The Awakening of the Harry Potter Fandom

Madelyn Wong, Editor

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In the summer of 2011, Harry Potter fans across the world mourned. Deathly Hallows Part 2 marked the end of the beloved wizarding era. As years went by, the fanbase grew quieter until the magical franchise nearly slipped out of pop culture entirely.

This month, however, the Harry Potter fandom revived. On September 12, 2013, Warner Bros. announced that they have made plans for another movie in the world of wizardry. And who is the mysterious wizard behind the script? None other than series author J.K. Rowling herself.

That’s right, despite many claims that she was unlikely to reopen her fictional universe, Rowling has agreed to pin her possible future as a screenwriter on this project.

“I always said that I would only revisit the wizarding world if I had an idea that I was really excited about and this is it,” Rowling explains in her official statement.

The premise for the new movie is inspired by the companion book Fantastic Beasts and Where to Find Them, which was originally released as a charity event. Warner Bros. and Rowling plan to center the plot on the fictional author of the textbook, Newt Scamander. Rowling asserts that the movie is neither a prequel nor a sequel to Harry Potter’s journey; instead, it is another look at her magical world. The new Scamander’s adventure will begin seventy years earlier in New York. This will set Fantastic Beasts right at the height of the 1920s.

Fans are abuzz with this new development, particularly right here in Madison, Alabama. Many of our own Bob Jones students are thrilled by this step away from the original series.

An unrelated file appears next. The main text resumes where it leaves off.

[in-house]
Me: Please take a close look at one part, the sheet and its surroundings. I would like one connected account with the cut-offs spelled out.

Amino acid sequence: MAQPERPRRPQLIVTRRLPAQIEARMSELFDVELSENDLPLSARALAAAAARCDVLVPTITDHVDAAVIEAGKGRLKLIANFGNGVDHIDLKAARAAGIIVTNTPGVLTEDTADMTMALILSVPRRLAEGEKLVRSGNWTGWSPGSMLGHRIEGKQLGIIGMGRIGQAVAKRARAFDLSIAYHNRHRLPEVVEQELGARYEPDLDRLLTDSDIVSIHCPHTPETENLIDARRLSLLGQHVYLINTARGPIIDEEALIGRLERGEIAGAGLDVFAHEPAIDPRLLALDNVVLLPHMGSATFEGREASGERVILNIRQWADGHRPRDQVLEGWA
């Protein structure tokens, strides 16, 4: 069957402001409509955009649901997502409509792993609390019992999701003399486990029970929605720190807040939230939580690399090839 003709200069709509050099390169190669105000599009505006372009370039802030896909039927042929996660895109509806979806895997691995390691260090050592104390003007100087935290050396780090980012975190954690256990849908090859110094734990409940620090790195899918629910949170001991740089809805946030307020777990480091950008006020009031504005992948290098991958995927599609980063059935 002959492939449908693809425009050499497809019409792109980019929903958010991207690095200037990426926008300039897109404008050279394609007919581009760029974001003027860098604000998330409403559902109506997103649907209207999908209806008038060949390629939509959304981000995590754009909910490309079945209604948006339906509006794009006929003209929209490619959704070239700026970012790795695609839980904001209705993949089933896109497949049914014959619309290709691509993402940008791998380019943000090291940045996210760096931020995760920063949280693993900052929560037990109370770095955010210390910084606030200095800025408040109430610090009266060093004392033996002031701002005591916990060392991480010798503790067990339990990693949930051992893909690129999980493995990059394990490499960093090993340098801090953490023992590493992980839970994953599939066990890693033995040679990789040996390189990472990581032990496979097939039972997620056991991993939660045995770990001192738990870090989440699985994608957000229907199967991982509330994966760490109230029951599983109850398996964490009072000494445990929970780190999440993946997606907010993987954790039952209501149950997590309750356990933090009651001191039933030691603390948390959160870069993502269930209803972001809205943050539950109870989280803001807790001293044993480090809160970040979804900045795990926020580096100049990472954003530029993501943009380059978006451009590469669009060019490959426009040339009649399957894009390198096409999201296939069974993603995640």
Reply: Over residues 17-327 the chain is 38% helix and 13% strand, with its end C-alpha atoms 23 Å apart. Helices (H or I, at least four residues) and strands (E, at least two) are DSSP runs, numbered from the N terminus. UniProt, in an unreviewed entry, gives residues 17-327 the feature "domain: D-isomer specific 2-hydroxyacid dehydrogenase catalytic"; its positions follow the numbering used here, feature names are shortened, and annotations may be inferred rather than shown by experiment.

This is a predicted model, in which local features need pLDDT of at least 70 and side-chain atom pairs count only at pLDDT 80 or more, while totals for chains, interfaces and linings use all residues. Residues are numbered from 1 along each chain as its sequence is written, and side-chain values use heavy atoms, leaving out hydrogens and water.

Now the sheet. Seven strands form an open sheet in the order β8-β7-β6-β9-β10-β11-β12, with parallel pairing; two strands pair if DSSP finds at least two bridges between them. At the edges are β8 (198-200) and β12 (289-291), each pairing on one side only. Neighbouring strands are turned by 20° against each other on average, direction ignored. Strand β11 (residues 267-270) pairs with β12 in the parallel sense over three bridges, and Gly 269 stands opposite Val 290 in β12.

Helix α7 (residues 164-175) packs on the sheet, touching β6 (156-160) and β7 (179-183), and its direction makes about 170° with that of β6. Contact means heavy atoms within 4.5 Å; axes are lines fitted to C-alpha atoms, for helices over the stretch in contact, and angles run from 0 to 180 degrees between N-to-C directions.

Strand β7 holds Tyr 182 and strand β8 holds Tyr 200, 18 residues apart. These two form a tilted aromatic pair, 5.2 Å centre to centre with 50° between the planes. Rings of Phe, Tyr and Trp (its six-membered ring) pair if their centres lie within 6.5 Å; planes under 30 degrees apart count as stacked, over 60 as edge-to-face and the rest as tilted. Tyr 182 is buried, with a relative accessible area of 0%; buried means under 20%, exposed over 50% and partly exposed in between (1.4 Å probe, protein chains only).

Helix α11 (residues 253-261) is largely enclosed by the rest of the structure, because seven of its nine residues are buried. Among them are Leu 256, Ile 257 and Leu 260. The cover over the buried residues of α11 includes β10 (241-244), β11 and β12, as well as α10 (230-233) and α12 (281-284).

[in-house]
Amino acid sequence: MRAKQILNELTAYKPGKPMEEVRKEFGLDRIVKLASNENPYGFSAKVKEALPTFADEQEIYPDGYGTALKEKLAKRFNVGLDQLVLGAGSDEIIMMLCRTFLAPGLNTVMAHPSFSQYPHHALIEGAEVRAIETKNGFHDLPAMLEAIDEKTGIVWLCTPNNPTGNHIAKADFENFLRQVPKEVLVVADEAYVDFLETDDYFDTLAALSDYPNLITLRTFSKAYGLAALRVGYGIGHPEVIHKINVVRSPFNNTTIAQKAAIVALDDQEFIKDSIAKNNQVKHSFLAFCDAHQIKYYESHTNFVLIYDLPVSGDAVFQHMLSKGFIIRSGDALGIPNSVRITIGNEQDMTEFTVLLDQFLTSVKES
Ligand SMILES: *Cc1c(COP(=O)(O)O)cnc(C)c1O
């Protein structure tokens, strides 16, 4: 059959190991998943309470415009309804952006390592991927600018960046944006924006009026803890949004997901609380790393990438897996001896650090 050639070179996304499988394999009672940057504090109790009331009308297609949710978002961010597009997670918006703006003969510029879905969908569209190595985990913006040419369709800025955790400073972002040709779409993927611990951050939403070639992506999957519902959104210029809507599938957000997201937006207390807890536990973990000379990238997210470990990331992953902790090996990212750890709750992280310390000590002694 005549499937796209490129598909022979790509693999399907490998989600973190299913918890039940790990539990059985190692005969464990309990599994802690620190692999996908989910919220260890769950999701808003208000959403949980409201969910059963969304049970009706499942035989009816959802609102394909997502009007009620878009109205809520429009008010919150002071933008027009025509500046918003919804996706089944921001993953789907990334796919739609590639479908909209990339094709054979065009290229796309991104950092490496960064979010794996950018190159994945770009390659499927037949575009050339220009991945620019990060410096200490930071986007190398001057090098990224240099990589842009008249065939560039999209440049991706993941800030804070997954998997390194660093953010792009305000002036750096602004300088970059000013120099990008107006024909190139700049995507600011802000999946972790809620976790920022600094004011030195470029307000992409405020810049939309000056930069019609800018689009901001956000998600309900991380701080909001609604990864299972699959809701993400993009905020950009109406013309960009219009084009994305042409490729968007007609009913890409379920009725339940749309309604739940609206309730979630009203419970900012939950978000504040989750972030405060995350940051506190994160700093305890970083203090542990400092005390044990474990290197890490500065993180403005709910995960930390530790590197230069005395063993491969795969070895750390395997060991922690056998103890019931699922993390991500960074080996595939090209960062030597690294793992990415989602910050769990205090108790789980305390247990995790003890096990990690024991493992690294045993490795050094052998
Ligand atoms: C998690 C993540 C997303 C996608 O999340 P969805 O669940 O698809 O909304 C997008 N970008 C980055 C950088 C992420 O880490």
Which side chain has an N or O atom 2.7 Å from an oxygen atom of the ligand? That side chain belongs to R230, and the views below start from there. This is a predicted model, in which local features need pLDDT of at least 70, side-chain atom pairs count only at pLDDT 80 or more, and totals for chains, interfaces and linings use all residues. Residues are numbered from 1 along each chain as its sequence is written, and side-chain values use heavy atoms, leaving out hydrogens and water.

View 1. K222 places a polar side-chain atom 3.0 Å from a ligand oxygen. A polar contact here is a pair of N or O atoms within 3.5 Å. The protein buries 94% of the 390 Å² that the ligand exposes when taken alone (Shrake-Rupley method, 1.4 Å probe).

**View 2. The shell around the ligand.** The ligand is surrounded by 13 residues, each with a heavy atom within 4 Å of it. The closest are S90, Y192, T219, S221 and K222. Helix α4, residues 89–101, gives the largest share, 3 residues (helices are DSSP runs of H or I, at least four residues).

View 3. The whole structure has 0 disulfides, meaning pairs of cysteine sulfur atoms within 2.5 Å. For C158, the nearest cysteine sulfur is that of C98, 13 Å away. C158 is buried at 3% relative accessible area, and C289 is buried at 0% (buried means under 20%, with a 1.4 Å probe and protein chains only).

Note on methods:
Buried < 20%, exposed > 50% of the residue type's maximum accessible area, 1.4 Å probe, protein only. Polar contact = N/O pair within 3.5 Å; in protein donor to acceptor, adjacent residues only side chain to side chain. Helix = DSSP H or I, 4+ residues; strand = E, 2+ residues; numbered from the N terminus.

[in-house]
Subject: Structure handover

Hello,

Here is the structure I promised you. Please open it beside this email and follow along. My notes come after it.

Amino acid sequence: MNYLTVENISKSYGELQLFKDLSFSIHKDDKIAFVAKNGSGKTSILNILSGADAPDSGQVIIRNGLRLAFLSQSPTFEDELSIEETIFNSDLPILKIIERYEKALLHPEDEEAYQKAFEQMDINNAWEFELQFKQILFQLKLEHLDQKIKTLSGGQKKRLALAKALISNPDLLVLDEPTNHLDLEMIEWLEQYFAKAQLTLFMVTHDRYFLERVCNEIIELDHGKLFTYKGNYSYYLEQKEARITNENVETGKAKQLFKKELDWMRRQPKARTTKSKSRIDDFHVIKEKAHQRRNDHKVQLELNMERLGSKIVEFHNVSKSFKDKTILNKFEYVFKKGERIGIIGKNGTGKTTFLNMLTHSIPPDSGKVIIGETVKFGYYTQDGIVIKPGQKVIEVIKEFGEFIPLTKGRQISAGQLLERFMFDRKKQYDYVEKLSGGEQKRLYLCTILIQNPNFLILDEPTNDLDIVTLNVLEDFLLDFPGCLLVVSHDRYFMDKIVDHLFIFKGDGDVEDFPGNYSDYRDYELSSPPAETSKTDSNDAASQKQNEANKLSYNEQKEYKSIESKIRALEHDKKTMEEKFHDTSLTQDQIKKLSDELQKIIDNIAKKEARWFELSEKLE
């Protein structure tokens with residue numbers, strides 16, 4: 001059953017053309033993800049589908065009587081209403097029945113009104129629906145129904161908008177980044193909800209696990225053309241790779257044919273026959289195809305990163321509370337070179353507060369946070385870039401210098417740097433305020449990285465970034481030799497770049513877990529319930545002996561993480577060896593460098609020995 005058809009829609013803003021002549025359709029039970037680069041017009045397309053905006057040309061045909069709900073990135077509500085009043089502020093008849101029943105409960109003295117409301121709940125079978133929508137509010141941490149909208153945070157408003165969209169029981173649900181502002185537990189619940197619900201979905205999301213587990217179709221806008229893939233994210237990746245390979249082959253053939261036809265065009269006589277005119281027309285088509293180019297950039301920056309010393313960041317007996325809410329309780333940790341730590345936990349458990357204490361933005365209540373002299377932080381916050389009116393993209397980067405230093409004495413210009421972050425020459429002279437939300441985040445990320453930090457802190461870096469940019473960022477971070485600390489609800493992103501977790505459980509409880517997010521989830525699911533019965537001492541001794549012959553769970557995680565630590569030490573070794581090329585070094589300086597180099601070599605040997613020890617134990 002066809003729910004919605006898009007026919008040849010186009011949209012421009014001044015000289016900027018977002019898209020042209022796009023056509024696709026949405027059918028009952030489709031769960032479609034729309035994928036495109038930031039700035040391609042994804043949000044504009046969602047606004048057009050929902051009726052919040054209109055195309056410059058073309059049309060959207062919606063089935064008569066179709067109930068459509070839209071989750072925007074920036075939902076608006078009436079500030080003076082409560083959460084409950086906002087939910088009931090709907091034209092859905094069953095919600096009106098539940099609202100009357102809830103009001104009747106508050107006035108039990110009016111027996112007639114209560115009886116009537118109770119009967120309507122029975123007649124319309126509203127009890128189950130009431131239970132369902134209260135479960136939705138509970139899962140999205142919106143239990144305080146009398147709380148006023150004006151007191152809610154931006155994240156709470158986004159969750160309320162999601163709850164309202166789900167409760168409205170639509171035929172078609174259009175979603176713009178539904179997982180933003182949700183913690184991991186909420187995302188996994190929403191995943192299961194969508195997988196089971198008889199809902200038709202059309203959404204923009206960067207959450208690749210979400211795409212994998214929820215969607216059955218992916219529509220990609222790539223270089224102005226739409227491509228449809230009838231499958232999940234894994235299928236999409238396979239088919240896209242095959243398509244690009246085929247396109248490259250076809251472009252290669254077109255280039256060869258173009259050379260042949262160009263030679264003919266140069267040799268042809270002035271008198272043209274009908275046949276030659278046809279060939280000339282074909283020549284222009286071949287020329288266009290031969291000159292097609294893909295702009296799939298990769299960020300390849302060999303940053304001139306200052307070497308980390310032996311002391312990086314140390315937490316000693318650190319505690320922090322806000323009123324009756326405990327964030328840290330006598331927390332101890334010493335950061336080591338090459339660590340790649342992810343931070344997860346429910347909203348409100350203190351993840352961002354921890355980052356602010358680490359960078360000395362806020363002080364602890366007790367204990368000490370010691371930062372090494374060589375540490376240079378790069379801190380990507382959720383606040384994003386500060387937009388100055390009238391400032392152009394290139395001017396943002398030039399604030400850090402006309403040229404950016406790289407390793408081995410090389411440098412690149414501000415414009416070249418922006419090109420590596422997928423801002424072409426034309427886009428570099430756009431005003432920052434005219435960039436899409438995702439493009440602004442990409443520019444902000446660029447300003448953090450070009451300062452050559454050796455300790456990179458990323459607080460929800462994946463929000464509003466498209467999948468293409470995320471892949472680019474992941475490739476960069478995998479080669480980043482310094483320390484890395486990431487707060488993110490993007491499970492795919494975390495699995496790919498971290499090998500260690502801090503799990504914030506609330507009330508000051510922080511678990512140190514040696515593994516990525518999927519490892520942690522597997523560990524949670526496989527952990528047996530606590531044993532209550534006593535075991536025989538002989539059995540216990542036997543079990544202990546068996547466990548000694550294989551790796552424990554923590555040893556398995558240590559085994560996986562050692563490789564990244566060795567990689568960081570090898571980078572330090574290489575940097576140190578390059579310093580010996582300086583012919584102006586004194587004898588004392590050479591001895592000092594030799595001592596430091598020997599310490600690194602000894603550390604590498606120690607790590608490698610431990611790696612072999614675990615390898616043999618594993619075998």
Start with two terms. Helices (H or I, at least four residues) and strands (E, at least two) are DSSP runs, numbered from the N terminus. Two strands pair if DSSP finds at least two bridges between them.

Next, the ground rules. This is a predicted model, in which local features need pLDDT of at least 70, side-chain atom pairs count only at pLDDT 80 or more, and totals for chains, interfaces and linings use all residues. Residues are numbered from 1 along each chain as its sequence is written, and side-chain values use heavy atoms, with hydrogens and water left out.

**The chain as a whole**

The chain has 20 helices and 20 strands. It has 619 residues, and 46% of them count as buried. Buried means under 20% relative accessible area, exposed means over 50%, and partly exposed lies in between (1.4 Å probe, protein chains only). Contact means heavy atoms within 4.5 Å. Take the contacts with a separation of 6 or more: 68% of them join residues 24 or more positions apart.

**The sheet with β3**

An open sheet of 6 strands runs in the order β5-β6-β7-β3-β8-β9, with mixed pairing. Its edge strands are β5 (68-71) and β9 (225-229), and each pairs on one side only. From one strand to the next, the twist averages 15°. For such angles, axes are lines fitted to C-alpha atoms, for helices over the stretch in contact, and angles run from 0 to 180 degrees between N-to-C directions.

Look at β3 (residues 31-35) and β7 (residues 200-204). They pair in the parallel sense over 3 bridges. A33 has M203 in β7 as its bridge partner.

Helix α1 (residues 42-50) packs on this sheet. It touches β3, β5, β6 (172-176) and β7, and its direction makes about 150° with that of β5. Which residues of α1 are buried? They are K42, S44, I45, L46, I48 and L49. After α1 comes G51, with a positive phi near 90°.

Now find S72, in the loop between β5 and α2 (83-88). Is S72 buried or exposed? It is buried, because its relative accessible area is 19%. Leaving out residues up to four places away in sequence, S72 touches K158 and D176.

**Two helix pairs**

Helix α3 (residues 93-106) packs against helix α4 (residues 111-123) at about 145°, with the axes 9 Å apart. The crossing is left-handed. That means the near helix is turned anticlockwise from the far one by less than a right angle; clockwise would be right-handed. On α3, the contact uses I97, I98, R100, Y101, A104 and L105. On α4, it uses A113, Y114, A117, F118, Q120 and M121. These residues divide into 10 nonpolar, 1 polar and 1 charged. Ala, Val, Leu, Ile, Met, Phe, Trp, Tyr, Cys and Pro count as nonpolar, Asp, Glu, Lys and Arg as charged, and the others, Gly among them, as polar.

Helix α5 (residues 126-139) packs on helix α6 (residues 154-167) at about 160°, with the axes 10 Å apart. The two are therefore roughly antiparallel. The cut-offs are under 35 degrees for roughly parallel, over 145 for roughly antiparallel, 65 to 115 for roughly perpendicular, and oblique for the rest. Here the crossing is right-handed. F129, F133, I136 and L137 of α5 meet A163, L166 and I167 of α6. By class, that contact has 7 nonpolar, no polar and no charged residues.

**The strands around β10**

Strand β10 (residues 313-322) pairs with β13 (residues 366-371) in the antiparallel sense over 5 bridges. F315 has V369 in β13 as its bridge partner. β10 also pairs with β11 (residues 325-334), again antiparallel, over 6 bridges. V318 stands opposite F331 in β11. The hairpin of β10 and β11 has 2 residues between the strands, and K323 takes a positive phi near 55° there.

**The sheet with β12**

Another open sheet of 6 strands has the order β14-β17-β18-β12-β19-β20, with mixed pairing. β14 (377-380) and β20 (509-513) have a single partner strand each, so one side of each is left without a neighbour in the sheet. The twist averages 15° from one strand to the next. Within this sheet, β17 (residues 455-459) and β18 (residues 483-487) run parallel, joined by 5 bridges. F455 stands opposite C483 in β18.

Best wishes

“There are so many opinions that no one would’ve been completely happy with a prequel or sequel,” sophomore Kayla Buckalew points out. “I really like this idea of getting a further glimpse into […] this world she’s spent so much time creating.”

Junior Madi Harrold seems to agree. “Who can ever get tired of the 1920s? Not only is it the Jazz Age and the reinvention of the woman, but now it has the magic and awe of the wizarding world.”

Others are more wary about the new turn taken by the franchise.

“I just don’t know about if it’ll have as good of a storyline [as the original series],” senior Zach Perry criticizes. “But I would like to see how American wizarding communities work. Especially the schools.”

Fans like Abigail Nichols, also a senior, are conflicted about the way the 1920s have been twisted. She uses the recent The Great Gatsby adaptation as an example; the movie pushed the time period too much with heavy bass beats, prominent skin-showing, and even twerking.

“If [Warner Bros. and Rowling] do it legit— like the real ’20s were and just a little modern touch, I’ll be very happy,” Abigail offers.

Of course, there are also students who are sick of the Harry Potter universe entirely.

“It’s just an over-extended franchise,” argued one junior. “It just needs to end already.” One underclassman claimed that she would never read the movies or watch the books, because witchcraft is against her religion.

Both students have requested to remain anonymous. When asked why, they half-jokingly explained that they didn’t want the fans coming after them— a legitimate concern. For as many students that are determined to avoid the new movie, it seems that there are twice as many dedicated fans already enamored by it.

“I don’t care if the new movie is about paint drying at Hogwarts,” laughs senior Hannah Forrest. “I’m definitely going to see it no matter what.”

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